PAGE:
Kate (kate_nepveu) wrote,

pop culture miscellany

This baby is refusing to be put down and I am very tired, so while I wait for a reasonable next-feeding time, some pop culture miscellany.

The AV Club had an interview with Mark Waid about various comics projects of his, which reminded me "oh yeah, he and John Rogers (Leverage) were working on this digital comics thing, I should take a look."

So far it has two titles up, an apparent one-shot about zombie roadkill which is not something I want to look at, and a serial called Insufferable which has the tagline, What happens when you’re a crimefighter and your sidekick grows up to be an arrogant, ungrateful douchebag? What on Earth could draw the two of you back together again?

Well, okay, I'll give that a try. The physical experience of reading is nice, but the story . . . in the first week, we learn that the crimefighter and sidekick are father and son. I'll give you three guesses whose death precipitates their final break from each other, and the first two don't count.

I don't remember what week of the comic that was—it was early, but our Internet is being grindingly slow right now so I can't check—but whichever it was, was when I closed the browser tab. Because, even if it's a soft launch, starting your "let's broaden readership!" project with another fridged woman does not impress.

(Speaking of which, the essay Natasha Walks Out of a Refrigerator may spoil the plot of Marjorie Liu's run on Black Widow, but it does so in a way that made me put the collection in my Amazon cart.)

Anyway. I was reminded of this by the first ten minutes of The Losers, which starts out as all banter-y action, silly but engaging and with an actual majority of non-white characters on the team, and then the fucking thing blows twenty-five just-rescued brown children out of the sky to motivate our heroes. At which point I carefully closed VLC and decided to write this, because seriously, fuck all of that sideways with a chainsaw.

Finally, in less egregious movie-dom, I half-watched The Incredible Hulk (the prior Marvel movie with the Hulk, the one with Edward Norton and Liv Tyler). I say "half" because I mostly skipped the smashing-things-up sequences and most of the General Ross stuff as boring.


This did not get off to a good start, because I did not believe in the least that Bruce wouldn't check all the surrounding bottles for his blood (which stray drop is how the plot gets kicked off). And I find Tim Roth a really odd choice as the Abomination. (Tim Blake Nelson, on the other hand, was nicely creepy as creepy lab guy, though if he was being set up as a future villain by getting contaminated with Bruce's blood products, that feels oddly repetitive.)

The first time the pulse-counting appeared I was immediately glad that The Avengers dropped it, because it felt very boring and mechanistic. On the other hand, there's something to be said for specific defined limits to shape stories around, otherwise things can get very hand-wavy and plot-convenient. I think on balance I prefer the idea of the Hulk as triggered by emotional states rather than (or in addition to) simple physical conditions, because of the stories it makes possible, but I'm not sure it is as clear-cut as I thought at first.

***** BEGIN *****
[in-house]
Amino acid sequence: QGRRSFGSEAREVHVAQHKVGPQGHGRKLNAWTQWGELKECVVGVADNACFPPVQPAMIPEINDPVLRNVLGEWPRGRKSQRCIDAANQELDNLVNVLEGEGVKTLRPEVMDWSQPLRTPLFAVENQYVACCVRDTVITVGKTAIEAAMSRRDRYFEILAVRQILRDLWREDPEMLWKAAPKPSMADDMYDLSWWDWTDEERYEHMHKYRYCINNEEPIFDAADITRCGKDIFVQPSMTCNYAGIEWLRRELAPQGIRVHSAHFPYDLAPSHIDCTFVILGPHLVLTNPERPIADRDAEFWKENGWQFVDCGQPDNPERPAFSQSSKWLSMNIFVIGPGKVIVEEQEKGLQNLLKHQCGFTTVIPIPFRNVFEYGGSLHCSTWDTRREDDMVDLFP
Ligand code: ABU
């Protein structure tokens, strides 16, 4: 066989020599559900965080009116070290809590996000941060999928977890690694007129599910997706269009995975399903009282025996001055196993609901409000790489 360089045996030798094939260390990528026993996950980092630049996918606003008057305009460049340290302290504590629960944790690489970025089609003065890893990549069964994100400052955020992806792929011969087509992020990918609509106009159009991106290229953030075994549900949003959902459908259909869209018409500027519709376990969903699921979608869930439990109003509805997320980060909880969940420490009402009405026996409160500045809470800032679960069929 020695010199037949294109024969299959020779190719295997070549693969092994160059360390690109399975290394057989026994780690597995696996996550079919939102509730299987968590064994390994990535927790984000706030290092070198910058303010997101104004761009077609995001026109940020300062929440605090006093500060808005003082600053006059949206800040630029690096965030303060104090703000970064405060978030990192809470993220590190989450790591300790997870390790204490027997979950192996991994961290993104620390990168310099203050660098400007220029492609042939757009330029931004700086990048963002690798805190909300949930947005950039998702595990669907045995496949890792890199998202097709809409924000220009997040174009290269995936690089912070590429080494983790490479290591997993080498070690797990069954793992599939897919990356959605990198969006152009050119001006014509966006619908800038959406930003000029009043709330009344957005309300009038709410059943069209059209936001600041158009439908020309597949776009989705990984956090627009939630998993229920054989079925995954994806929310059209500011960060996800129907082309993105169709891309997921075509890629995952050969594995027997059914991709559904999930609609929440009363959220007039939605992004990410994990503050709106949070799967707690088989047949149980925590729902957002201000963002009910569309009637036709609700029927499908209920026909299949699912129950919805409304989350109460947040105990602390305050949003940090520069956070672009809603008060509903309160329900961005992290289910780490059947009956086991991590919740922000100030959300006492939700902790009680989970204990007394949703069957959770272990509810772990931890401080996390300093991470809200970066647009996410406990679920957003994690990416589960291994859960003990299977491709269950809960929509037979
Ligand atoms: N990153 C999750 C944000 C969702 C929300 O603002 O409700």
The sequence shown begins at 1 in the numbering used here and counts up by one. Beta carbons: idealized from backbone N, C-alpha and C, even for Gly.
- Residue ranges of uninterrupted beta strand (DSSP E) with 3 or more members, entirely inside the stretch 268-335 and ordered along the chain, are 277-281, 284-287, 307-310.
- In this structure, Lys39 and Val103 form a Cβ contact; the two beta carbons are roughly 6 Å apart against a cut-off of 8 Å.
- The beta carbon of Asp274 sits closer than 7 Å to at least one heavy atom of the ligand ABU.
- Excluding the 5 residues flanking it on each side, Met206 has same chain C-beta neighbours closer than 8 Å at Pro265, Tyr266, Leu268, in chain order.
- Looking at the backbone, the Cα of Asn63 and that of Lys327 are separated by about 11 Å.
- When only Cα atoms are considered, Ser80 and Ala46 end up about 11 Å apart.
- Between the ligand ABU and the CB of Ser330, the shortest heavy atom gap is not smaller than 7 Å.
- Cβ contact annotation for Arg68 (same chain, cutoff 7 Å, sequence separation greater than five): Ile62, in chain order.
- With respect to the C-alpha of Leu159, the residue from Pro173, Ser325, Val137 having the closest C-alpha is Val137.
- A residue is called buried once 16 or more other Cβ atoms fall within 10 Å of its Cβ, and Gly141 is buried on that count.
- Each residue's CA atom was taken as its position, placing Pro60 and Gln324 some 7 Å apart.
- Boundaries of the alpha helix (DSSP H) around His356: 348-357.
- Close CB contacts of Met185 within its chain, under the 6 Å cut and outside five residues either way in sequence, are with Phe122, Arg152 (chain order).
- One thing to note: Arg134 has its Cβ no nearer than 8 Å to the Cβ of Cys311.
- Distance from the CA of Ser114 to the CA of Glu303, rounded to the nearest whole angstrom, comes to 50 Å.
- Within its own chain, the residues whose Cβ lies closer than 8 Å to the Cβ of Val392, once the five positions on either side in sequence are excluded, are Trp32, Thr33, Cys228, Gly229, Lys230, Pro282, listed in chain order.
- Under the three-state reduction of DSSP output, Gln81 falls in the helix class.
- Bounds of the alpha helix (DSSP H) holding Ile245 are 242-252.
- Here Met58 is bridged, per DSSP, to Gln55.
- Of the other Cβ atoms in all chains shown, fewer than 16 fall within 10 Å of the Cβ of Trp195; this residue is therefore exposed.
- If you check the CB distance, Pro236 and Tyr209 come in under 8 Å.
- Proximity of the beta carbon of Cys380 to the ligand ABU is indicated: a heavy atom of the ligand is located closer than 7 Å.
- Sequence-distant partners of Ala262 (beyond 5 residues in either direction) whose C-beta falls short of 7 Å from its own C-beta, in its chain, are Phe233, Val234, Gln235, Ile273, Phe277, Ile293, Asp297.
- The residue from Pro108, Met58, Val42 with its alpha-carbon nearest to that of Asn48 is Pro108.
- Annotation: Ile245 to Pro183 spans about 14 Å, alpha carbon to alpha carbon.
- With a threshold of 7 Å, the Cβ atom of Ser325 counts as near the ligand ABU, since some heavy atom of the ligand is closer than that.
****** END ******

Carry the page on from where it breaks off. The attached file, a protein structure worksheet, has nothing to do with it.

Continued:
A thing I am still thinking about: from Bruce's POV, the Hulk being triggered by a particular pulse rate seems akin to a physical illness or disability; making the trigger emotional moves it more into the realm of mental illness. Literalizing either of these things into an enormous green rage monster obviously has the potential to go lots of bad places; how I think the movies handled this is a step I haven't gotten to yet. (The Hulk himself probably has a boatload of non-metaphorical DSM diagnoses. Also I don't know what the various comics have done with his intelligence level; I think in both Marvel movies he is pretty intelligent.)

Sleep dep makes me ramble and it's about time for me to poke this baby awake. Anyway: the movie did body horror very effectively with Bruce's transformation while strapped down on creepy-guy's table, and stepping off the helicopter was a great moment. Edward Norton was fine. Liv Tyler . . . probably doesn't deserve my knee-jerk "oh no it's breathy Arwen!" reaction. The Avengers really felt like a re-set of the entire situation while the same time being perfectly consistent with this movie (I think), which is really odd.

I presume they're going to re-cast Betty Ross, since I just can't see Liv Tyler and Mark Ruffalo in the same movie (she looks a lot younger than him, just for one thing). Who do you all think they should cast as Betty?

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Tags: comics, movies, movies: avengers 'verse

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